This version of the fairy tale deviates in only a few, but key elements. The Huntsman gets a little bit of back story and a personality that made me value him immensely as a character. He is no mere pawn in the queen’s game, he has an agenda of his own, he has rules he lives by, and he is also a man with urges like anyone else. You see what I’m getting at. This is sold as a fairy tale for adults (even though fairy tales have never been only for children) because it contains some sexy time.
I was positively surprised by the depiction of the prince. Being in a coma and marrying the first pretty guy that comes your way has always seemed ridiculous. Sarah Pinborough shows us just how insane it is. The prince, an arrogant boy, really, who only wants beautiful and precious things to own, who wants to be master over his wife, is shocked when he finds out that she has a mind of her own. I loathed him from the get go.
He was married. He would unite the kingdoms. His father would have steel in the land and keep his enemies at bay, and he and Snow White would live happily ever after and produce fit and healthy heirs. Not too soon, he hoped. He’d seen how quickly women’s bodies changed after childbirth and he wanted to enjoy his wife’s for as long as possible before they settled into domesticity and he went back to relieving himself with a mistress.
But what really made this book stand out as a fairy tale retelling was the language. This is a very short book at barely 200 pages, and in order to achieve some impact with it, every sentence has to be in place, has to elicit some emotional reaction. They did. Whether it’s descriptions of Snow White, Lilith’s desperate thoughts, even the sex scenes, they created an atmosphere that immerses you in the story and makes you forget the world around you.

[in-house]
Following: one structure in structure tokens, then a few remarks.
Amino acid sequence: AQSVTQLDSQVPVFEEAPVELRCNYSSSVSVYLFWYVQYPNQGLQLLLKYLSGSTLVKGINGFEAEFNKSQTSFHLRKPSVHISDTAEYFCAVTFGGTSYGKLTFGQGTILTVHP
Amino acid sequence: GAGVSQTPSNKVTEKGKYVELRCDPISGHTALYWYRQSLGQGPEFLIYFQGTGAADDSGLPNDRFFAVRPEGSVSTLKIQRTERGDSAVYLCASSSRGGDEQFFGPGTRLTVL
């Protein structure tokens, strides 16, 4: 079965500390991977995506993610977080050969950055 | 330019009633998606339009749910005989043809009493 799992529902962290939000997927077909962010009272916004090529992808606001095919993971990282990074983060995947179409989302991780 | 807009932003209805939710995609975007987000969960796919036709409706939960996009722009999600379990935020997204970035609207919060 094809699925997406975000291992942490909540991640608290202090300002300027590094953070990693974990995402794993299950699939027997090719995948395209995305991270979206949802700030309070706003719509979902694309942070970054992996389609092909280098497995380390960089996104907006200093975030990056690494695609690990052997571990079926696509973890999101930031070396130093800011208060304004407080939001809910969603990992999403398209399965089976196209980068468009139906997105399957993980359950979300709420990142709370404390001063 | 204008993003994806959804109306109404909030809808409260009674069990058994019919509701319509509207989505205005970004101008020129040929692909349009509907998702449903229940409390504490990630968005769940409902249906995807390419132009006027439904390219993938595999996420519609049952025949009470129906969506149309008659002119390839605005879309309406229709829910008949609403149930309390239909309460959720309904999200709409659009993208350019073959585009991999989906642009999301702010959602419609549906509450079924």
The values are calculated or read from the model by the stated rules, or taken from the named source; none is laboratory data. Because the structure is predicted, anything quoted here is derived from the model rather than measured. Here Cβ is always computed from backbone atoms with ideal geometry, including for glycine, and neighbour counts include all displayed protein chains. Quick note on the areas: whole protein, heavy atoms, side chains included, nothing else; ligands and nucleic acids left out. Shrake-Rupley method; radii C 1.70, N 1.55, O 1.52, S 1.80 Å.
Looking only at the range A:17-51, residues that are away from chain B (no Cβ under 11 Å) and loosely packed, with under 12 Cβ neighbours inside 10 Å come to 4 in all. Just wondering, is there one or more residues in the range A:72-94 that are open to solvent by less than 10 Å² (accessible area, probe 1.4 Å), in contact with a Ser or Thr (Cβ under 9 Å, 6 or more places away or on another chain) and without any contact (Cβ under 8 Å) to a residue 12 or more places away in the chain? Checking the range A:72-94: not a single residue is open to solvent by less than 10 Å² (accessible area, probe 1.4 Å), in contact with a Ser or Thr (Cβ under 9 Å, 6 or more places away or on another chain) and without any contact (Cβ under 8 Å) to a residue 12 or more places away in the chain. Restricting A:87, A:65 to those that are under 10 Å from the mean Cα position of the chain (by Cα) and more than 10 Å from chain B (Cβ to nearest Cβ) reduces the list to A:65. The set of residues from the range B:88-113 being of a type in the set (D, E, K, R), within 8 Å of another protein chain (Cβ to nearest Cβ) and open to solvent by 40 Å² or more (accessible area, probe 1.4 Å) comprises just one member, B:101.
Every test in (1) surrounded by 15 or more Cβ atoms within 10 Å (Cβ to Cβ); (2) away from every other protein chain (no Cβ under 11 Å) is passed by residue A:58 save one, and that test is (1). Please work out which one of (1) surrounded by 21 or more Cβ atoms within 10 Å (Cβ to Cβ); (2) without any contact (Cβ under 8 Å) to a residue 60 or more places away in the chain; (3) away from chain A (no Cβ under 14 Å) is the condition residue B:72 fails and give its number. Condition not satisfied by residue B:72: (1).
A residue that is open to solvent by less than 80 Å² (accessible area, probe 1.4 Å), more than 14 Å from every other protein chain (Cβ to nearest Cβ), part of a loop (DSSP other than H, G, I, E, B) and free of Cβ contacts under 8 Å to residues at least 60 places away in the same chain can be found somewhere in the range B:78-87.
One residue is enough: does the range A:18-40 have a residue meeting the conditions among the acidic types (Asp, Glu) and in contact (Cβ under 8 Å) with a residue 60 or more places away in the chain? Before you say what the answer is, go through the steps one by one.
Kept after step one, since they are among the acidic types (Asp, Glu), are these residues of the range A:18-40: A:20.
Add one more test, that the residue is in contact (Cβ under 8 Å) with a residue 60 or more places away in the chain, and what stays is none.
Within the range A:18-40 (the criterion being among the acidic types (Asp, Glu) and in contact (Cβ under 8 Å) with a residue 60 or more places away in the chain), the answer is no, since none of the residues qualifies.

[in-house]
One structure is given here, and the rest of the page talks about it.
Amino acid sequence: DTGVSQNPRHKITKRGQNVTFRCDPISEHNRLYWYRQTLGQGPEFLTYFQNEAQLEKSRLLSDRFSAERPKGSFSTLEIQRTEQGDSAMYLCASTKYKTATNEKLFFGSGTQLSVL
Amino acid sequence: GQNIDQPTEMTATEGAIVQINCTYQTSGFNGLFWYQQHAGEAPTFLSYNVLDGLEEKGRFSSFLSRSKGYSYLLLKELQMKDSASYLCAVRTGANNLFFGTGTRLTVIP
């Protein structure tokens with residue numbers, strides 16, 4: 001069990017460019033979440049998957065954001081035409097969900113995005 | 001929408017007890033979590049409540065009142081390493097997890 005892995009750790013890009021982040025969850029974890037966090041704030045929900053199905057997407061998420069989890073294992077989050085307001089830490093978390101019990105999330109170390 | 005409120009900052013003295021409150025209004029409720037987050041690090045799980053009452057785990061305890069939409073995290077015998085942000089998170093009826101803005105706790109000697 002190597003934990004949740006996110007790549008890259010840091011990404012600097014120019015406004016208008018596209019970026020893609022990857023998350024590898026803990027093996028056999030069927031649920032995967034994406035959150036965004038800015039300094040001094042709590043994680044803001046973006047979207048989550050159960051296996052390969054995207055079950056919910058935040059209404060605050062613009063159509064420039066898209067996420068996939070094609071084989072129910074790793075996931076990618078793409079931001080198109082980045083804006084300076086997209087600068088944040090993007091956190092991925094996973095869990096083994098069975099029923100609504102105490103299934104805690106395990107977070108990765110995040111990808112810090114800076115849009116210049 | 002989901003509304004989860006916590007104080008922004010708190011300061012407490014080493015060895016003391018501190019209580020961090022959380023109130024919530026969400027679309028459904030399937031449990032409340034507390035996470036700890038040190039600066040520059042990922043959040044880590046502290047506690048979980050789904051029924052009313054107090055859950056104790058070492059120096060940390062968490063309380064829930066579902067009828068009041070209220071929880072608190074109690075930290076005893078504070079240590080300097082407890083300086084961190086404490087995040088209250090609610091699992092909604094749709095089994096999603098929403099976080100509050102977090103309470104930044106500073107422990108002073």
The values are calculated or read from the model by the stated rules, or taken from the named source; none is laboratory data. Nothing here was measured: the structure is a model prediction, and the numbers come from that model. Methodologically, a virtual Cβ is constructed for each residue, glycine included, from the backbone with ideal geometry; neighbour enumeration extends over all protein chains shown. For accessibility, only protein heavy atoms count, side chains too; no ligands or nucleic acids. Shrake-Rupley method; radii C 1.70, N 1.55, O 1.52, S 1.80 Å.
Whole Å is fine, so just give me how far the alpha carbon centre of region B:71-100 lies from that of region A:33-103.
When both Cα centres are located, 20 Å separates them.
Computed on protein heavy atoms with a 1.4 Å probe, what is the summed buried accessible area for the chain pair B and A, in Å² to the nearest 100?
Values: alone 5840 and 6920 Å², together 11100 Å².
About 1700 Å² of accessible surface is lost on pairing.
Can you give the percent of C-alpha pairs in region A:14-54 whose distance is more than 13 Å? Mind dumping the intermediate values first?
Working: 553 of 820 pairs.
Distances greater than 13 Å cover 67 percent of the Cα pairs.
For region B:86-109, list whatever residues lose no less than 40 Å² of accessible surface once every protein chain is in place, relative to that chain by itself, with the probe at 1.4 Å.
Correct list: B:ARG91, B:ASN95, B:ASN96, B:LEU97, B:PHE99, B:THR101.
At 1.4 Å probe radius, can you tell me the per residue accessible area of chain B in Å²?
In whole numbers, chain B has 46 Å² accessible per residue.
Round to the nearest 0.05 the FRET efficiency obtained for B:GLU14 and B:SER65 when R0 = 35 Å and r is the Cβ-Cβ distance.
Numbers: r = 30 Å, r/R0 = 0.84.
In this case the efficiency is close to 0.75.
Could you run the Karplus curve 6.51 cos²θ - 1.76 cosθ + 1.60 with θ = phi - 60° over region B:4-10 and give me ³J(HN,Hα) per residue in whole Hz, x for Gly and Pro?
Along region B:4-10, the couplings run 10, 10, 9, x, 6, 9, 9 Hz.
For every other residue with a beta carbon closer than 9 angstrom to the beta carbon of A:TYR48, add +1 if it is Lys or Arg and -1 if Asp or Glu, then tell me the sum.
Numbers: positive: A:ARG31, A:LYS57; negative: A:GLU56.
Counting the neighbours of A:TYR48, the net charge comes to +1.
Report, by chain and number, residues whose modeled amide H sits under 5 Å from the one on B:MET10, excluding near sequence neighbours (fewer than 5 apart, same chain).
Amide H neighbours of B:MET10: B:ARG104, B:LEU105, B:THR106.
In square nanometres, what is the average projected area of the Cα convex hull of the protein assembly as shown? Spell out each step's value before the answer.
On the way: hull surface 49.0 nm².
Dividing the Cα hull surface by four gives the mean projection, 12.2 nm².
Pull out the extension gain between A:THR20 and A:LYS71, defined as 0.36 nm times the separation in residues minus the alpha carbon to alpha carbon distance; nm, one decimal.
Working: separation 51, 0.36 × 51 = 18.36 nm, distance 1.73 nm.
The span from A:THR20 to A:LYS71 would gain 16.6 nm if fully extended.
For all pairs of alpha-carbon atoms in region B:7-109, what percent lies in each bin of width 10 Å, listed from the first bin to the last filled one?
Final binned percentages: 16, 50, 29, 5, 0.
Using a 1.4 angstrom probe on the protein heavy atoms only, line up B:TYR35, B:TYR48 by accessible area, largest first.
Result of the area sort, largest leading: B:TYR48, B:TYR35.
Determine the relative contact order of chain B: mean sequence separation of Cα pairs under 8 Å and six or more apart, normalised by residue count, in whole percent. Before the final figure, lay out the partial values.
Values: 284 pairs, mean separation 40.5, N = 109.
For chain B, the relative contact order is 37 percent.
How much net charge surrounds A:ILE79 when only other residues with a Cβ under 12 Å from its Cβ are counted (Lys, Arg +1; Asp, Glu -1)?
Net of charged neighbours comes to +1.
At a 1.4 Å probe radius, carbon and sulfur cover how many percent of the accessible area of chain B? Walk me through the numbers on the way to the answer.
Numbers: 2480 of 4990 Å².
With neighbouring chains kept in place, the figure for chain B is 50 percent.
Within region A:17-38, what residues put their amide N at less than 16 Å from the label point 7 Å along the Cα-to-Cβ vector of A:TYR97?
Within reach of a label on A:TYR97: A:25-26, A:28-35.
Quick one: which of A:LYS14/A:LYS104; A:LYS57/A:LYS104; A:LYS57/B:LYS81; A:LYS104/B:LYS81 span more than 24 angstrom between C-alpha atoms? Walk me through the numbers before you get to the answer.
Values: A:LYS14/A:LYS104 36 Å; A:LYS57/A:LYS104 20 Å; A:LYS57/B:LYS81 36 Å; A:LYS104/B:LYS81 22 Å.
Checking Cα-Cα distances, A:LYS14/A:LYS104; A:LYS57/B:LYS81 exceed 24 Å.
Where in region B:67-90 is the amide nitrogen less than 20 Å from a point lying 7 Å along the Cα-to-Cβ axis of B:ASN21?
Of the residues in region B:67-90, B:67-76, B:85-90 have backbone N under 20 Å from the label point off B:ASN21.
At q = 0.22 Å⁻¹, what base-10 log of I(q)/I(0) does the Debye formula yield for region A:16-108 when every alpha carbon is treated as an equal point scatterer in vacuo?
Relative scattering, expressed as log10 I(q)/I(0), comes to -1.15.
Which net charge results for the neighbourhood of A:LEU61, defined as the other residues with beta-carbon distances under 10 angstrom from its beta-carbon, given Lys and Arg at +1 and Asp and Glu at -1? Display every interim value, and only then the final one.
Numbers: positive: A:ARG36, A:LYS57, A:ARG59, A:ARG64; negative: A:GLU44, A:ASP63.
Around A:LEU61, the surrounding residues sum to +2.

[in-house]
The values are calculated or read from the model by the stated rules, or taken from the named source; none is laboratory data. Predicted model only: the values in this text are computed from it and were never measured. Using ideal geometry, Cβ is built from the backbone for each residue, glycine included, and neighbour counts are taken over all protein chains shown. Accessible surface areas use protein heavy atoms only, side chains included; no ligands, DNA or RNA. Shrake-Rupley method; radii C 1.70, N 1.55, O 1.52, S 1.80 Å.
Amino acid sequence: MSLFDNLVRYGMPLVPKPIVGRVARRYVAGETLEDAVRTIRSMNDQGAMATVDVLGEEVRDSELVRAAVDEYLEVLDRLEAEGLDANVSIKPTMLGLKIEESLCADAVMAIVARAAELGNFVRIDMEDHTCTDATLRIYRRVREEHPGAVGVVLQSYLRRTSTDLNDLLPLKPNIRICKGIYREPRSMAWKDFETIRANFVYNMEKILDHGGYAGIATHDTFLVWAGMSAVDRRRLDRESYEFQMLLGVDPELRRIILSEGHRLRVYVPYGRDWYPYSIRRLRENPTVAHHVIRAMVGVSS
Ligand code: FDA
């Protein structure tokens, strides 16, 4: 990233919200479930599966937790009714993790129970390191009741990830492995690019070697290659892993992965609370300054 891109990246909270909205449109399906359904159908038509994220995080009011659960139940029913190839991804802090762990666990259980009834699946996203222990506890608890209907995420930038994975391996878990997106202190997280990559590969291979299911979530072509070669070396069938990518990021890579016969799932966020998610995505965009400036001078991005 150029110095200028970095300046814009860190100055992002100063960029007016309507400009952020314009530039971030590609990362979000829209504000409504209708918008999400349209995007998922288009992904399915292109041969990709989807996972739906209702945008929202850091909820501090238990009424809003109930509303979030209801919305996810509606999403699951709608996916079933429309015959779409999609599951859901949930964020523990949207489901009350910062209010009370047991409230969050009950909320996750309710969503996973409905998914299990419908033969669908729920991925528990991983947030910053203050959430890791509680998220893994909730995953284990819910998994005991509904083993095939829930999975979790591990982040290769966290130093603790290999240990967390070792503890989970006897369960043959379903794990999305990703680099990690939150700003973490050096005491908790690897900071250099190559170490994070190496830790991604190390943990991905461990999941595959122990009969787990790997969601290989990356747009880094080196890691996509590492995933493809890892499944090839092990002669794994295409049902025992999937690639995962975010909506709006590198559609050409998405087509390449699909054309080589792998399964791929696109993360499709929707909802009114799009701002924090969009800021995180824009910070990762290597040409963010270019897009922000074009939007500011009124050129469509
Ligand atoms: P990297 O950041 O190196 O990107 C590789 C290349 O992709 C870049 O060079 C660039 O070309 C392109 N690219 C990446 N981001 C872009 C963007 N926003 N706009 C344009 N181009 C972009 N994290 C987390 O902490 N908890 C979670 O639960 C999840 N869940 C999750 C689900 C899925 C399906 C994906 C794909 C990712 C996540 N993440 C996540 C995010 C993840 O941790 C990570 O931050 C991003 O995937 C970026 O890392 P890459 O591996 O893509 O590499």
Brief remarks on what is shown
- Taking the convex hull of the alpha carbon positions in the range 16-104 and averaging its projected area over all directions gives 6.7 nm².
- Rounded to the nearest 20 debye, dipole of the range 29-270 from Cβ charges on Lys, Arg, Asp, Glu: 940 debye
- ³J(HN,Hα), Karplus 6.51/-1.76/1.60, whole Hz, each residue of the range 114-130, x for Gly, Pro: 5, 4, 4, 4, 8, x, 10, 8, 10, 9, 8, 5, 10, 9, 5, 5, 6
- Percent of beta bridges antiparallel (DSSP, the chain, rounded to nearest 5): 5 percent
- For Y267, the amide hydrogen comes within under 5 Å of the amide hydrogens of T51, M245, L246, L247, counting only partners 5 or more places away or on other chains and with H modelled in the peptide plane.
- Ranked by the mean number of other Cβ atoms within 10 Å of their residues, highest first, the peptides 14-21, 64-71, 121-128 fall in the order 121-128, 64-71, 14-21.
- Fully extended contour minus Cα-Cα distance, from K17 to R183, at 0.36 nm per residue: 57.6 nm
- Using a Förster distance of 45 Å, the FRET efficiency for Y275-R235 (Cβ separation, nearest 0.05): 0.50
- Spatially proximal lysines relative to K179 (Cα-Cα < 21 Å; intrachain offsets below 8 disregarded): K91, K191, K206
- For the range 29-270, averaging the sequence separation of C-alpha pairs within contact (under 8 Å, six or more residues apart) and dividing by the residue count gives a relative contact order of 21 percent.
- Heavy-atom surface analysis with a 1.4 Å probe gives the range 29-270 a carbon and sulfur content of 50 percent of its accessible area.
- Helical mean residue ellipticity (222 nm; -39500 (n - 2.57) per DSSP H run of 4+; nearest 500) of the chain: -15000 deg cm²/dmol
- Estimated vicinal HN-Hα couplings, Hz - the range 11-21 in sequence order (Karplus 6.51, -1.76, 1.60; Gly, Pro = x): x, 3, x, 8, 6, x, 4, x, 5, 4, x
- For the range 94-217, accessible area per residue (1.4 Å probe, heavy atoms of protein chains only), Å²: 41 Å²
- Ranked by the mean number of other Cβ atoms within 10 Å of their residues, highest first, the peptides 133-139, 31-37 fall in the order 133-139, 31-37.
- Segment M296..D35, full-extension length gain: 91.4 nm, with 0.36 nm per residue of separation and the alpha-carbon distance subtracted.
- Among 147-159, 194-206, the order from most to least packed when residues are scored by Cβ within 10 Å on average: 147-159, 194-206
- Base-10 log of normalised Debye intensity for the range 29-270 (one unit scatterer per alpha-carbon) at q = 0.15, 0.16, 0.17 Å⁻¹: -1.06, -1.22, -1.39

This is the first book in a series (three volumes are out so far) and it is obvious that the author intended to connect them somehow. The Huntsman, for example, owns a pair of diamond slippers (we never get to hear their story), the prince has just come back from an adventure that left him with a scar but we never learn what happened exactly. The queen’s great-grandmother lives in a house made of candy… ring a bell? Or three? I loved the hints at other fairy tales and I can’t wait to discover whether the next volume, Charm, continues in this vein.
A few words need to be said about the ending. You will not find the type of happily ever after you’ve come to know from fairy tales. This is a dark story, one where bad things happen to good people, where things are left unresolved. As a standalone, it was brilliant, but as I’m writing this, I catch myself hoping to find out what happened next to Snow White, the Huntsman, the dwarves and the prince in the next instalment. Even if I don’t, Sarah Pinborough has a new fan.
- Sarah Pinborough interview: Poison, Mayhem, and writing TV (denofgeek.com)
- Like a Shadow: The Language of Dying by Sarah Pinborough (tor.com)
- In Case You Missed it, Sarah Pinborough’s ‘Beauty’ is Now Available (horrornovelreviews.com)
- Review: Poison by Sarah Pinborough (wondrousreads.com)